Continental interior storm tracks, tritium deposition, and precipitation
isotopes at the Great Basin-Rocky Mountain physiographic provinces
transition zone, USA
Thirteen years of precipitation d2H,
d18O, and 3H data for three western
United States continental interior weather stations, supplemented with
60 years of precipitation data, have been analyzed. The stations are
located 1,000 to 2,000 km from four ocean moisture sources.
Precipitation was evaluated relative to storm track trajectory, the El
Niño-Southern Oscillation Oceanic Niño Index (INO), orography,
precipitation amount, air temperature, month, and season. The INO was
not fond to correlate with precipitation flux or isotopic composition.
Tritium deposition was evaluated relative to the ‘spring leak’,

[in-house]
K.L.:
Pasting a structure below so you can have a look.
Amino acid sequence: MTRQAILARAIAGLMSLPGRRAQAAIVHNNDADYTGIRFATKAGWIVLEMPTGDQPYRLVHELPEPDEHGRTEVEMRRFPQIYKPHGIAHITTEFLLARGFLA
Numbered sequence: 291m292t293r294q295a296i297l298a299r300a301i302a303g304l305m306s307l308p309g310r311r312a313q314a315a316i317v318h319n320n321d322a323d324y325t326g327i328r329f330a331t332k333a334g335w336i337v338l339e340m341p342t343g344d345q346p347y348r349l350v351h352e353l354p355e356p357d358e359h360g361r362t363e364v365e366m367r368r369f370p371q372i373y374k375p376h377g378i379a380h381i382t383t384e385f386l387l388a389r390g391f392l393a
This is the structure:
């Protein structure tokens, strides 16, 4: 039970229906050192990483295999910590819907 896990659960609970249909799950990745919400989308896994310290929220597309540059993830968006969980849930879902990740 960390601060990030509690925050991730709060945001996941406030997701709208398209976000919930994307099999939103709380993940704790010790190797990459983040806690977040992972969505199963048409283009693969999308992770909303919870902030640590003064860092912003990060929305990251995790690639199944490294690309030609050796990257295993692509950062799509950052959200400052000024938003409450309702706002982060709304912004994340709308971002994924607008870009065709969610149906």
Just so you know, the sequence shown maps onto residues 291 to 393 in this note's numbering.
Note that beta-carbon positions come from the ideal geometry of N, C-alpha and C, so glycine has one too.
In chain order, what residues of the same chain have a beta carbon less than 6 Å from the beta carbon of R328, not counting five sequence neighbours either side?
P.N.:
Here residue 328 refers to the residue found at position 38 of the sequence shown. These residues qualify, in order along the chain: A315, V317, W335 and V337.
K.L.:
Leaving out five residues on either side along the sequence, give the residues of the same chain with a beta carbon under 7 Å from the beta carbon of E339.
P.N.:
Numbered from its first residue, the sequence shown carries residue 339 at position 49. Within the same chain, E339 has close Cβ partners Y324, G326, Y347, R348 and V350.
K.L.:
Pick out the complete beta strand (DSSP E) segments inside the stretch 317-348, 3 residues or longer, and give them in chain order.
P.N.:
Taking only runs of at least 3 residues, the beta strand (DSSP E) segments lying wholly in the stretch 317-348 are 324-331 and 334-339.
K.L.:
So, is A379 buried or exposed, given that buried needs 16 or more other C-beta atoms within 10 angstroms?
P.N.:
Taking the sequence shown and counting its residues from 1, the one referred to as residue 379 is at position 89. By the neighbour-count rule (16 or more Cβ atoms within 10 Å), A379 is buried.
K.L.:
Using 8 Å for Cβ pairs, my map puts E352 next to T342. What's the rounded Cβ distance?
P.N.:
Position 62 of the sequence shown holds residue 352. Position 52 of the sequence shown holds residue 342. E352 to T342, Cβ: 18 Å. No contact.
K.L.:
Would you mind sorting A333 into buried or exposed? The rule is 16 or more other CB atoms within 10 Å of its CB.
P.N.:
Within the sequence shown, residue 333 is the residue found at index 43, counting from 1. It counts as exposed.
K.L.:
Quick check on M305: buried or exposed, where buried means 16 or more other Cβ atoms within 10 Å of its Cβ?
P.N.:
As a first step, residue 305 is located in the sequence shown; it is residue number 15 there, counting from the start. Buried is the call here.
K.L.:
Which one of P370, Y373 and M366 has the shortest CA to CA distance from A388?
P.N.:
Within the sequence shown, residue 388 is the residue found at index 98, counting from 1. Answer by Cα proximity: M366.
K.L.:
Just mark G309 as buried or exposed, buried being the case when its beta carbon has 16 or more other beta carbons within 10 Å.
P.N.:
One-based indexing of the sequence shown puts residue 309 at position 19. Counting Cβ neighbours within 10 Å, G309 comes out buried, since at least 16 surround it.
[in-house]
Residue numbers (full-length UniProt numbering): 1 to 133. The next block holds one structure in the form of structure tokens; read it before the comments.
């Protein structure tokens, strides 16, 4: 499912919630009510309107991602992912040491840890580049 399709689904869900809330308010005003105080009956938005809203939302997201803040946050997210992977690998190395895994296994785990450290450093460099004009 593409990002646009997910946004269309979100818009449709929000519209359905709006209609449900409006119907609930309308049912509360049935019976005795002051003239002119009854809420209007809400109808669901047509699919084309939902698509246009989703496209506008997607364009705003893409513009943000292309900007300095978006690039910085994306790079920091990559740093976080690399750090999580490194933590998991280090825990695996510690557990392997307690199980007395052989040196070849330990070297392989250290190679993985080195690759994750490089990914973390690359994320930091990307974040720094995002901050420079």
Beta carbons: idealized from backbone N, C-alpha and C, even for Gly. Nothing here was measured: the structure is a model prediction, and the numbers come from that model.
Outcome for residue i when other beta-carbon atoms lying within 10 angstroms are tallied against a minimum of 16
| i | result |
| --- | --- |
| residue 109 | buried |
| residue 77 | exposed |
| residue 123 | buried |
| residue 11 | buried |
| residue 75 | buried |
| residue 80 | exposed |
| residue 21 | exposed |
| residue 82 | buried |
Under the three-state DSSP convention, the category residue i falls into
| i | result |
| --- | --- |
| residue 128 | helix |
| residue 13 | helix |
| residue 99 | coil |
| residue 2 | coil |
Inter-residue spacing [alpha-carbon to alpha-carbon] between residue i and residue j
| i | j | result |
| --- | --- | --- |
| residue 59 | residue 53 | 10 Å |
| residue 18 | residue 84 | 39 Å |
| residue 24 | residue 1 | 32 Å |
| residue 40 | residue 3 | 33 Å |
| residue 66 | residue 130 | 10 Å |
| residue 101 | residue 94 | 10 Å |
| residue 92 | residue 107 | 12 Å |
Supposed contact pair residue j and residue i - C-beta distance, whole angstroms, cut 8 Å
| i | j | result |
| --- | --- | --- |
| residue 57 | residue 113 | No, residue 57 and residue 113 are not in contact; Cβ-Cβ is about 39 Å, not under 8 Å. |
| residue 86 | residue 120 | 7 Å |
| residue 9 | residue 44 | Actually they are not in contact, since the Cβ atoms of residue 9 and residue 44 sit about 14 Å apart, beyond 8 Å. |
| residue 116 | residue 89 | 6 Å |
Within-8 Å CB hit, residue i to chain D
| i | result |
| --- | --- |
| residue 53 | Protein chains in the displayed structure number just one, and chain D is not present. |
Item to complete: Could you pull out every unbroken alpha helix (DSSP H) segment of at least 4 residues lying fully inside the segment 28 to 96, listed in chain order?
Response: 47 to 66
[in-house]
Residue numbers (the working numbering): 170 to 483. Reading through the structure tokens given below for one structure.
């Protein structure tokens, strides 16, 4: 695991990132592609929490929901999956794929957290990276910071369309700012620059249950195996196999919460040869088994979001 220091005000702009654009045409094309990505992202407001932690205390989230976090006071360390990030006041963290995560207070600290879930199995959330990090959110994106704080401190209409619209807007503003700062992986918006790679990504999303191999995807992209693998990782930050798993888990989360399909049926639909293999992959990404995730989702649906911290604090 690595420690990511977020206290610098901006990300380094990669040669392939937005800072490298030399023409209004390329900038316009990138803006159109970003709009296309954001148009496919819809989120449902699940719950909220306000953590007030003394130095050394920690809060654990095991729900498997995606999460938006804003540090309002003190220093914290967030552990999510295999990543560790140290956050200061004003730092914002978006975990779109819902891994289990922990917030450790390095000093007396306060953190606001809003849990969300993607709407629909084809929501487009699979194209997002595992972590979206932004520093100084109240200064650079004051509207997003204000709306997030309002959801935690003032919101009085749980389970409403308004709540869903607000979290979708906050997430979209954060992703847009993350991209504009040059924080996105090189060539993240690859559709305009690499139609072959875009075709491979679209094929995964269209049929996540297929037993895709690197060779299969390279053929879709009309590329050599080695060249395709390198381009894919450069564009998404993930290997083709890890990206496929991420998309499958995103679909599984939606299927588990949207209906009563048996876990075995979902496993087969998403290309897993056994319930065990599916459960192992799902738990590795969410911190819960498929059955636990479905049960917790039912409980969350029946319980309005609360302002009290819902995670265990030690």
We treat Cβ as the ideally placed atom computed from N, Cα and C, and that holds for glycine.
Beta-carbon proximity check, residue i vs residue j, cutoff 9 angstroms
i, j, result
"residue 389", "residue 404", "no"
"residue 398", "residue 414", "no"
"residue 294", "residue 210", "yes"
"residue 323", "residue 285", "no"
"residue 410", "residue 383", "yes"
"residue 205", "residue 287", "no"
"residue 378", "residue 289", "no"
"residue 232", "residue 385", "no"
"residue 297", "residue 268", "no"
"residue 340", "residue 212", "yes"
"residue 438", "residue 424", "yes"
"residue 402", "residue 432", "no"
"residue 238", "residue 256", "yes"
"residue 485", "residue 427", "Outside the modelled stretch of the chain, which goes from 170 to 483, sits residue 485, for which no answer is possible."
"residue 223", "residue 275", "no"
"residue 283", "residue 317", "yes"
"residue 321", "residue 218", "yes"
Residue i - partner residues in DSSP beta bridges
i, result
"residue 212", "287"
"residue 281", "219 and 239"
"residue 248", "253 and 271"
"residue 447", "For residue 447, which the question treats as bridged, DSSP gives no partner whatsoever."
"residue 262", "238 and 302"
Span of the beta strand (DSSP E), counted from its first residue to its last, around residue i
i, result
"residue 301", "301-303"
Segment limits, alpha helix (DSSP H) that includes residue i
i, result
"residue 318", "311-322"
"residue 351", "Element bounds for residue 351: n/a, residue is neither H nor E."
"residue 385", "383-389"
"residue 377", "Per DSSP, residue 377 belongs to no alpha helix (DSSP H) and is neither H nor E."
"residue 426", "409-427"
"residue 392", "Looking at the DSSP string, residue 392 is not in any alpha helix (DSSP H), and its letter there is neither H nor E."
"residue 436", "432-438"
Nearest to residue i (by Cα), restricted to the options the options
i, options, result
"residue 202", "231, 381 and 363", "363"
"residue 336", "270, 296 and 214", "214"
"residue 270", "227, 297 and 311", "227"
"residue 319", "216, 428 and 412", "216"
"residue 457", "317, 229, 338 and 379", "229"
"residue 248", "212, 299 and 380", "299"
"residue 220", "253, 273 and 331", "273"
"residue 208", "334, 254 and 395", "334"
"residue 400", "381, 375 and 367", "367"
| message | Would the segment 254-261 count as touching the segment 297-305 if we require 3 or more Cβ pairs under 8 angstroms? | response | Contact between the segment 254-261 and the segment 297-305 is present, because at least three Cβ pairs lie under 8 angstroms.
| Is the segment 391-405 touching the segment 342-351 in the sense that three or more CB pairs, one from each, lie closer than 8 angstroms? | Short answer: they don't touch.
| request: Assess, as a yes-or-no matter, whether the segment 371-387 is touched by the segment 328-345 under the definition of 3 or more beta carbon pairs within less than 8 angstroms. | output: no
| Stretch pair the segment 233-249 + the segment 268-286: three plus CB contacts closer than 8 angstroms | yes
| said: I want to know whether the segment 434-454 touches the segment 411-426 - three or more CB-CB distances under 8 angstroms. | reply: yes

thunderstorms, surface evaporation, storm tracks, and seasons. Local
meteoric water lines and the Global Meteoric Water Line were compared.
Winter precipitation is isotopically depleted and summer precipitation
is isotopically enriched. Factors affecting the stable isotopes include
winter cold cloud temperature, summer rain droplet partial evaporation,
gradual rain out, and multiple episodes of soil moisture re-evaporation
and subsequent re-precipitation.